And so for the past year she had done just that; leading her squad on patrol and in to battle when necessary. Aska’s aunt had come to live with them during this time. Not only to help around the house and to make sure that someone was there to take care of Aska when her mother had to work odd hours but also to help guide Aska with her own gift. Aska’s calling was not Warrior as her parents both had been, she was called to be a Prophet. Her gift had come to fruition the night her father died. She had witnessed the ambush and the attack. Watched the life being sucked out of her father by the Sorcerer Shakel. She had such a clear vision of the incident that she had helped find her father’s body and also helped in the arrest and trial of Shakel and his followers.
The problem was that she had the vision only a few minutes before the event actually happened. And as it was her first vision she wasn’t even sure it was a vision and not just a bad dream. The next day when she learned that her father had not come home from patrol she realized what she had seen was true and she also learned why the gift of prophecy was the only one of the four gifts that they also called a curse.
As she finished dressing for work Deidre turned and caught Aska’s eyes. Aska favored Deidre in many ways but her hazel eyes were all her father, from the shape, to the color, to the intelligence behind the gaze. The only difference was Cal’s eyes had been the eyes of a Warrior; there was a wariness and a hardness to his gaze that never fully softened. Aska’s eyes were her own; she had the watchfulness of a child born to two Warrior parents but not not the hard edge of one always ready for a fight. Deirdre knew that as she aged and her gift became more pronounced her eyes would then hold that touch of sorrow that Deidre’s sister Jocelyn’s always did. The cost of knowing too much.
Deidre walked over and kissed Aska on the top of her head, taking in the smell of her child. Deidre knew that she needed to enjoy every minute she had with Aska. Not only because life as a Warrior was sometimes shorter than it should be but because next year when Aska took her 12 year exams she would most likely place high enough to be admitted to Martindale Academy and once that happened her days would be filled with books and study and new friends. She was the top of her class in grades and with her gift manifesting itself at such a young age and so strongly she should be a lock. Prophets often didn’t get their gifts until their late teens or even in to their 20s. Jocelyn had said it was nature’s way of protecting the minds of those called. That the things you saw could be overwhelming to a young child so it made sense that for most the gift came later than the other gifts.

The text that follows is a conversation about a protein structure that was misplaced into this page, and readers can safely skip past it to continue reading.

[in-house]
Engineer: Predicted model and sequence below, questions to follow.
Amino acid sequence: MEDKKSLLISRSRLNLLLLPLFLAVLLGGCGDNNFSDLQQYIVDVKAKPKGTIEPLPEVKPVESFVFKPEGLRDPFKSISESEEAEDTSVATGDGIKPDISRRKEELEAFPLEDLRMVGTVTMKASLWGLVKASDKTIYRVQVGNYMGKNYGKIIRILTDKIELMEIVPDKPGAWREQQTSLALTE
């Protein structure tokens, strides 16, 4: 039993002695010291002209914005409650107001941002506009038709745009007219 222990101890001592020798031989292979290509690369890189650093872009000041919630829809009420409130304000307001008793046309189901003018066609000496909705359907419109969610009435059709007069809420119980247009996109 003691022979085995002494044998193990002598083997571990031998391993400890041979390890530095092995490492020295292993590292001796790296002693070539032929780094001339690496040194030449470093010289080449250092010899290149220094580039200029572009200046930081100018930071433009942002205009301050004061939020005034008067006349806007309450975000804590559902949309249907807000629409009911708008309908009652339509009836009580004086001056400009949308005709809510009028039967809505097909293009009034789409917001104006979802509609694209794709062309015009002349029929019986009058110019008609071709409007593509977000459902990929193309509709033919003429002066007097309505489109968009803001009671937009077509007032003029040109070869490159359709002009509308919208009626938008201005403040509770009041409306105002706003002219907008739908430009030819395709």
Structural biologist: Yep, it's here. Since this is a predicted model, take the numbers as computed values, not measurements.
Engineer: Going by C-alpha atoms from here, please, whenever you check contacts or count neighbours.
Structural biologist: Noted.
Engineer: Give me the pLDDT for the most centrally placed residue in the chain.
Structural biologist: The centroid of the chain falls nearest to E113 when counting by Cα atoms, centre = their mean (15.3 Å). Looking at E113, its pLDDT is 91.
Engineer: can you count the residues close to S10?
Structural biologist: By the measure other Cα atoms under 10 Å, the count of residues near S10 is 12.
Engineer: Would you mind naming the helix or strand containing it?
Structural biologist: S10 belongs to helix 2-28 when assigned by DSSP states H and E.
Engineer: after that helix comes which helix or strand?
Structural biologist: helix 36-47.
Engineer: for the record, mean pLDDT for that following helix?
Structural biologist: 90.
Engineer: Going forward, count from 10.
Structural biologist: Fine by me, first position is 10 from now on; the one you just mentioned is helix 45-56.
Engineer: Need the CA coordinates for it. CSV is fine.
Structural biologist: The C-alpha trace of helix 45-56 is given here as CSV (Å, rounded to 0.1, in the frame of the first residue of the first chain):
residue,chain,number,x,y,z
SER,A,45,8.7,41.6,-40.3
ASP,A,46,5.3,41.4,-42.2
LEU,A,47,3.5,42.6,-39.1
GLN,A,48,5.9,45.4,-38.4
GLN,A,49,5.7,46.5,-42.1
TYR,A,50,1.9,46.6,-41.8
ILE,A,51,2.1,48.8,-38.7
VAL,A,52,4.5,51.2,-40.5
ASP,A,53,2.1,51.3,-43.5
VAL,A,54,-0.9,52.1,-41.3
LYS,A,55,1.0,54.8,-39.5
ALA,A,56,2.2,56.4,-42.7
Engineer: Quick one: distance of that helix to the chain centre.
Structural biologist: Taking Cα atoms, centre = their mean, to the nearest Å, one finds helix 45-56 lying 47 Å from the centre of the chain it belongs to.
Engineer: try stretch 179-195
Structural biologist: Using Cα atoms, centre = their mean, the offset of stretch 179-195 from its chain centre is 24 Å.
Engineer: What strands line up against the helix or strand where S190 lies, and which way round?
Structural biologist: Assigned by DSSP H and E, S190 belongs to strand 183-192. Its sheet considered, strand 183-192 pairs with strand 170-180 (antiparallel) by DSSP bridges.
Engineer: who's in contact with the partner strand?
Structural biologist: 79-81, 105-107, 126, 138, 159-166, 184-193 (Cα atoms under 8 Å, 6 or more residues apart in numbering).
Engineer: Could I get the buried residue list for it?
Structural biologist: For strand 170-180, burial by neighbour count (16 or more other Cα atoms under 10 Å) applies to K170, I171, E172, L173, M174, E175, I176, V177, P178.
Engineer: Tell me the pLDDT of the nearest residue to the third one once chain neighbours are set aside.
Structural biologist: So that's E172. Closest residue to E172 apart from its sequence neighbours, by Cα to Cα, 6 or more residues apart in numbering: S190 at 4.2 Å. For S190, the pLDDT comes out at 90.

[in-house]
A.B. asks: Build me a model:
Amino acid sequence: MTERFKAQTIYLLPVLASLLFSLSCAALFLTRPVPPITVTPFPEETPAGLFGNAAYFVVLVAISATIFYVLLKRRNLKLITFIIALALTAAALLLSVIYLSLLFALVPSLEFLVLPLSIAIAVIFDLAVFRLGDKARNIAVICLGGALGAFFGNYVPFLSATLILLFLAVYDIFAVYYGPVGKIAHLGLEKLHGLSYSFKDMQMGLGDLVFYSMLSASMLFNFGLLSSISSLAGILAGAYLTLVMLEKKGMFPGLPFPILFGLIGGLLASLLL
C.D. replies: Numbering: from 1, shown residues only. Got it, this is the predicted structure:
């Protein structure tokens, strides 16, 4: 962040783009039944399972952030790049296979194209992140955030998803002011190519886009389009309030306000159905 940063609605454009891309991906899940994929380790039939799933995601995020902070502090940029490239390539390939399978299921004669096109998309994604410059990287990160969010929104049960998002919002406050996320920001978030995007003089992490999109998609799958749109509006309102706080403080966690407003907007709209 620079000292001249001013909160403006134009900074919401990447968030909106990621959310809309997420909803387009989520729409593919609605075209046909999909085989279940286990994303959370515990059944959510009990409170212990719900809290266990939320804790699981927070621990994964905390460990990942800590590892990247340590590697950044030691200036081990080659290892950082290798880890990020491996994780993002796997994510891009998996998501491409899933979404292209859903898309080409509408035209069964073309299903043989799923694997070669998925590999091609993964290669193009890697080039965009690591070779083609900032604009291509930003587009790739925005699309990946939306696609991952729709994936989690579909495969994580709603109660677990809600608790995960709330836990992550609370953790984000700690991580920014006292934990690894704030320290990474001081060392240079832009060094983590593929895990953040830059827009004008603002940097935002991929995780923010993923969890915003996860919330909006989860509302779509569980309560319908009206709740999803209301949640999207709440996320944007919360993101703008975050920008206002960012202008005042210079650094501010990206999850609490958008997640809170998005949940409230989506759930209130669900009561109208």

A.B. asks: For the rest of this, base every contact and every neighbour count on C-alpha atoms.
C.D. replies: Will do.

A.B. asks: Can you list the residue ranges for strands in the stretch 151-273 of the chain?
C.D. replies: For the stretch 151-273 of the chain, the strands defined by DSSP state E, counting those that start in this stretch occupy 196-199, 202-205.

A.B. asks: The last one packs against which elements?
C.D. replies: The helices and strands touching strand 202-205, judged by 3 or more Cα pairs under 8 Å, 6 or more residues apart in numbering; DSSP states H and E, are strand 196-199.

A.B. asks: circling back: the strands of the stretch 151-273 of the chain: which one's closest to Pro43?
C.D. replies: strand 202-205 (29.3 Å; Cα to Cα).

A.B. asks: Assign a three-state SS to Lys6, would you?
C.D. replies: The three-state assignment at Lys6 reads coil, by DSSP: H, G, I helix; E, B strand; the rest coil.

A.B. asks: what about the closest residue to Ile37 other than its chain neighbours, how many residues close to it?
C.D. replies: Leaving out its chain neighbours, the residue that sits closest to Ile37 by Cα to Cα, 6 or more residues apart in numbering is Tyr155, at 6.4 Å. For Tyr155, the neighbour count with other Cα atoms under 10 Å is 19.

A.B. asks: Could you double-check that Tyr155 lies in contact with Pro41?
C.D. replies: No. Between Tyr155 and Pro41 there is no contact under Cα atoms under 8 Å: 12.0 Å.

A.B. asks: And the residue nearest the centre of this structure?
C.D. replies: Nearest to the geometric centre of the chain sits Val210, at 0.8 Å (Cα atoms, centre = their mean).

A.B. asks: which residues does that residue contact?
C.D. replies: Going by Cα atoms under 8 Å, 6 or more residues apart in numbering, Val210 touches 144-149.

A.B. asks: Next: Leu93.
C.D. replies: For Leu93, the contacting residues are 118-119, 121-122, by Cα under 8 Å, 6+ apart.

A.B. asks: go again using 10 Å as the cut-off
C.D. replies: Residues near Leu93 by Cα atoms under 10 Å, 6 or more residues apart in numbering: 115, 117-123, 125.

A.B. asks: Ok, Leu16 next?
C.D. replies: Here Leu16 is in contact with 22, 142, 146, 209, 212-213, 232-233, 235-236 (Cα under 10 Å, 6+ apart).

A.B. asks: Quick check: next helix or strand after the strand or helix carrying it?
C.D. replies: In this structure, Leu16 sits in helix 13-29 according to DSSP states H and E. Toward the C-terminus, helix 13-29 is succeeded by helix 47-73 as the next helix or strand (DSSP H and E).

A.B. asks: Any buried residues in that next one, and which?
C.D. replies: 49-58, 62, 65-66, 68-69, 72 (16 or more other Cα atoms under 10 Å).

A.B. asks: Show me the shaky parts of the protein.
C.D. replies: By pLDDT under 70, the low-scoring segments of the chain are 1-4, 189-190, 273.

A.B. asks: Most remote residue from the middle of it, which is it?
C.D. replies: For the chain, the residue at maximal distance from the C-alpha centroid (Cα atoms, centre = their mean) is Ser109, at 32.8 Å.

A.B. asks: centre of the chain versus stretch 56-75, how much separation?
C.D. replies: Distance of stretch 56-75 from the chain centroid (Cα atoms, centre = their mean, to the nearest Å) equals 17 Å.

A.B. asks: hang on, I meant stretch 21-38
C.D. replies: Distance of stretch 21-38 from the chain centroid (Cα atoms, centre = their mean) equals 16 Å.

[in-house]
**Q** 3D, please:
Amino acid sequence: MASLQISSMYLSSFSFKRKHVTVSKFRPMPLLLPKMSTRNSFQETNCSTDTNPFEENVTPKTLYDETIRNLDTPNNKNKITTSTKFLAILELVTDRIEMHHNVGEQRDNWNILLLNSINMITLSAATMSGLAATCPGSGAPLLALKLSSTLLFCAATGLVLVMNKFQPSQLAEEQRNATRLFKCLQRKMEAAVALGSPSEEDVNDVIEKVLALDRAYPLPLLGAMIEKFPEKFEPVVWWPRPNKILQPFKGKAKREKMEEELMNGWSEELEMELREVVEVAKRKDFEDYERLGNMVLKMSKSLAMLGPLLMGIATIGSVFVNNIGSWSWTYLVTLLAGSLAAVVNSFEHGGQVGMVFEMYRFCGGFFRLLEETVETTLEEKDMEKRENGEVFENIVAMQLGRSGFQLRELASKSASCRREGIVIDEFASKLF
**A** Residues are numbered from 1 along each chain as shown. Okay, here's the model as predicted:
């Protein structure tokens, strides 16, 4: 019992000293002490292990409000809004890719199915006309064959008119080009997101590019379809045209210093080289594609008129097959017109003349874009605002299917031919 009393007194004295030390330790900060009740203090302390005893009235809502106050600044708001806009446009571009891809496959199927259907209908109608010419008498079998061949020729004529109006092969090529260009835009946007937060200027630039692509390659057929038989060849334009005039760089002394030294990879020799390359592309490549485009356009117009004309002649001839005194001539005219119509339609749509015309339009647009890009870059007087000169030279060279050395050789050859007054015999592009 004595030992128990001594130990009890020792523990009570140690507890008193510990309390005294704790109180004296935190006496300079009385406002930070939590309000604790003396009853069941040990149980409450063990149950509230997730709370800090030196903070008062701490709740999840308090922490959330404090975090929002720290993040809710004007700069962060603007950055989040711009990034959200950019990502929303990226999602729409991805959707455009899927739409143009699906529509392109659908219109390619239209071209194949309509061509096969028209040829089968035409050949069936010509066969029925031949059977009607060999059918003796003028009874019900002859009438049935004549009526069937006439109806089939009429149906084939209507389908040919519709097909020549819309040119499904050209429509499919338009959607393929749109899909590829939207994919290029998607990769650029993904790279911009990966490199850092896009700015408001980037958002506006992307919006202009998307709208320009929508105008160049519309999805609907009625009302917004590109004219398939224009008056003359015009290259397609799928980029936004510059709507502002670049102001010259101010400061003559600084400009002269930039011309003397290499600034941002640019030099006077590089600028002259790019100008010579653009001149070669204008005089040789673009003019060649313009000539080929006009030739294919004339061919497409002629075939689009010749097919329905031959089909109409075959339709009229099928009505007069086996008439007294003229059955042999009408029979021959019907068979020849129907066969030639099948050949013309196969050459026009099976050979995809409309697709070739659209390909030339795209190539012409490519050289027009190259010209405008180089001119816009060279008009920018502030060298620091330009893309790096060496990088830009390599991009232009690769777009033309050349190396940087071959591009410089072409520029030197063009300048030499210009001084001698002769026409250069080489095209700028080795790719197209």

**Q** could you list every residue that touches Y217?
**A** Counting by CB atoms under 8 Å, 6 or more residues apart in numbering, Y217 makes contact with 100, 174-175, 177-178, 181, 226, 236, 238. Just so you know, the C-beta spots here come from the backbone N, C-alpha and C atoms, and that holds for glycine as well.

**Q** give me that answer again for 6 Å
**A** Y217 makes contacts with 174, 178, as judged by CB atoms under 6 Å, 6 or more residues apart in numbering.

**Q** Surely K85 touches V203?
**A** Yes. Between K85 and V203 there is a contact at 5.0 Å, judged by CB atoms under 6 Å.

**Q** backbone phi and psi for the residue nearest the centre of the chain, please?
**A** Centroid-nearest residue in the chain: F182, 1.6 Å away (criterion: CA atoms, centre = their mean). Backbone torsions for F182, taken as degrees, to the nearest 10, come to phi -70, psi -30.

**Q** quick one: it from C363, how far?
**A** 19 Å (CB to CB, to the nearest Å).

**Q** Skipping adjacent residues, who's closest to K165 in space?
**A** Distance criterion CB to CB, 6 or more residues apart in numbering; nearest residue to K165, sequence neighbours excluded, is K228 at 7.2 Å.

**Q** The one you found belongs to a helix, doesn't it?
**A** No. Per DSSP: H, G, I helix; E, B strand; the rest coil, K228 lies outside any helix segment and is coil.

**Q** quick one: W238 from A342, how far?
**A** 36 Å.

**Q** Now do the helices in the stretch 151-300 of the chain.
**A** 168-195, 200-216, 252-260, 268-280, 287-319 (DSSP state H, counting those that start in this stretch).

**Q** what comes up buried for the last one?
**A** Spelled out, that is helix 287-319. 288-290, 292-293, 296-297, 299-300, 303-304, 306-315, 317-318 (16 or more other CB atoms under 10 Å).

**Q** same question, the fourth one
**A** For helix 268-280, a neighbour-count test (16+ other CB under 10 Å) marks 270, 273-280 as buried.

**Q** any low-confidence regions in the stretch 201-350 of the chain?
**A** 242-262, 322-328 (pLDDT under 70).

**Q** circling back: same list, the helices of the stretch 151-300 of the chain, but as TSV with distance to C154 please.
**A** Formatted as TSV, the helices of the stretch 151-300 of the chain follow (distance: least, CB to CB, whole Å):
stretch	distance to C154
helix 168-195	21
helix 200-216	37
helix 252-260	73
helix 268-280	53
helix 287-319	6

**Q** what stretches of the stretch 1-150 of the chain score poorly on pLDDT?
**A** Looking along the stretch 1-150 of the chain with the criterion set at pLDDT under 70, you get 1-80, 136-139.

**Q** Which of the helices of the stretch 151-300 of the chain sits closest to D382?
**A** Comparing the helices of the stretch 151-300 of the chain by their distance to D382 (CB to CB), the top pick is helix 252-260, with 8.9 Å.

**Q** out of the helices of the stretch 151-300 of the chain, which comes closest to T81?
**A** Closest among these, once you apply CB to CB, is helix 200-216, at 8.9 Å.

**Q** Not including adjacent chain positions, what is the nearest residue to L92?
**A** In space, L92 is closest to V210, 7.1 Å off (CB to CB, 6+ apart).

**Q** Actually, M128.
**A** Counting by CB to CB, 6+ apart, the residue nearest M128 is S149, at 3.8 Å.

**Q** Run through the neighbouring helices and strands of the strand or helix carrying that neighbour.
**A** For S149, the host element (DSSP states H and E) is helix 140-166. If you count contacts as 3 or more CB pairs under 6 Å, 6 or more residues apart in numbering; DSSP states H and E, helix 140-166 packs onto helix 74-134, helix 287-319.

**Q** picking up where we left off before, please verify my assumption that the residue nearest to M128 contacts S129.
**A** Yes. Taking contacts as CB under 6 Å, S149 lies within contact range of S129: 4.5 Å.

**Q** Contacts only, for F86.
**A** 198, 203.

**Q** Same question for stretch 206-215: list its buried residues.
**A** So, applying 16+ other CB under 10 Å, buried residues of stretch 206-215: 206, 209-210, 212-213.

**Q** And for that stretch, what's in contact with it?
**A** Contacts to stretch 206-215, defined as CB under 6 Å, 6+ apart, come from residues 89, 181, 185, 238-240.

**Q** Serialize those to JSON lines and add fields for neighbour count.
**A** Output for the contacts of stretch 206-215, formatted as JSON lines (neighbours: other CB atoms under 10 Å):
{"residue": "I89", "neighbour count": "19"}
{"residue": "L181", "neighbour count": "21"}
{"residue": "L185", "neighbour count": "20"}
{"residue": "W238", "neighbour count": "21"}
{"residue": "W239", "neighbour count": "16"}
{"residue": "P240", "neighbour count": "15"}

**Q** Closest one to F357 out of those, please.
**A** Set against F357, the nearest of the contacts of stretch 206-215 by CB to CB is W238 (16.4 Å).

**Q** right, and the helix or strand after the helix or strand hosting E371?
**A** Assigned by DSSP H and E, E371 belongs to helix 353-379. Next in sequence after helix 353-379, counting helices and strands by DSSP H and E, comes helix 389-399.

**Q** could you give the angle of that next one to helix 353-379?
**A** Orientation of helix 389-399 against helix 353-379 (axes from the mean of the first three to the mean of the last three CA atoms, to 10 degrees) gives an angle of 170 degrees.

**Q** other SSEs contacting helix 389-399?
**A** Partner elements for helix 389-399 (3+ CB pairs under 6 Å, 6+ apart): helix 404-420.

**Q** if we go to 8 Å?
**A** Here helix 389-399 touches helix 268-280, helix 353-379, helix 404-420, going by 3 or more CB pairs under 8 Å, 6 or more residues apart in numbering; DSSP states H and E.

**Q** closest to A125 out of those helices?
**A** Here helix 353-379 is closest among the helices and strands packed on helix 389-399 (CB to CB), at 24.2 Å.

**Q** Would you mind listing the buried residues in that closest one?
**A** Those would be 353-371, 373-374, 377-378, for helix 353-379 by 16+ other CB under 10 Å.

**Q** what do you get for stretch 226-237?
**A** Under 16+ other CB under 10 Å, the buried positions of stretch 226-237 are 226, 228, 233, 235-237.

For most, but not for all. They had been watchful for an early development in Aska. There had been signs when she was a baby that her gift would be prophecy. Small things like seeming to know who was coming to visit before there was a knock on the door. Or announcing that Grandma was calling before the phone rang. The Keeper family had a history of early gifts. Jocelyn’s first vision came when she was almost two and she patted her mother’s belly and and said baby. They remained infrequent until she was 10 but there was no doubt that if Jocelyn told you that something was going to happen you should pay attention. Their Aunt Dot was a gifted Prophet herself and had been there to mentor Jocelyn. As far as Deidre was concerned their mother said she knew she would be a Warrior while she was still in the womb. After easy pregnancies with both Jocelyn and their older brother Aric, Deidre had made her presence known early and often. She was never still, always stretching and turning. Their mother had said Deidre had her first fights with bladder and lungs; and that Deidre always won.
Deidre and Jocelyn had both attended Martindale as teens and had loved their time there. Aric had gone to school at the local high school with The Others. His test scores had been high enough for entry in to the academy but as a teen he was fascinated with The Others and as this was life before the time of The Joining he felt that the only way to really understand them was to live with them. There were many among The Gifted who felt that allowing one of their children to live among The Others was a bad idea. The risks of discovery were too high. But after The Joining it was people like Aric who made living together possible. Aunt Dot had assured her sister and brother-in-law that Aric was making a wise choice and would be safe at the high school.
But for Jocelyn and Deidre it had been Martindale Academy. Jocelyn settling in first followed by Deidre the following year. Though the instructors that had smiled seeing another Keeper on their attendance sheet soon learned that having Jocelyn in class was one thing, having Deidre was something else entirely.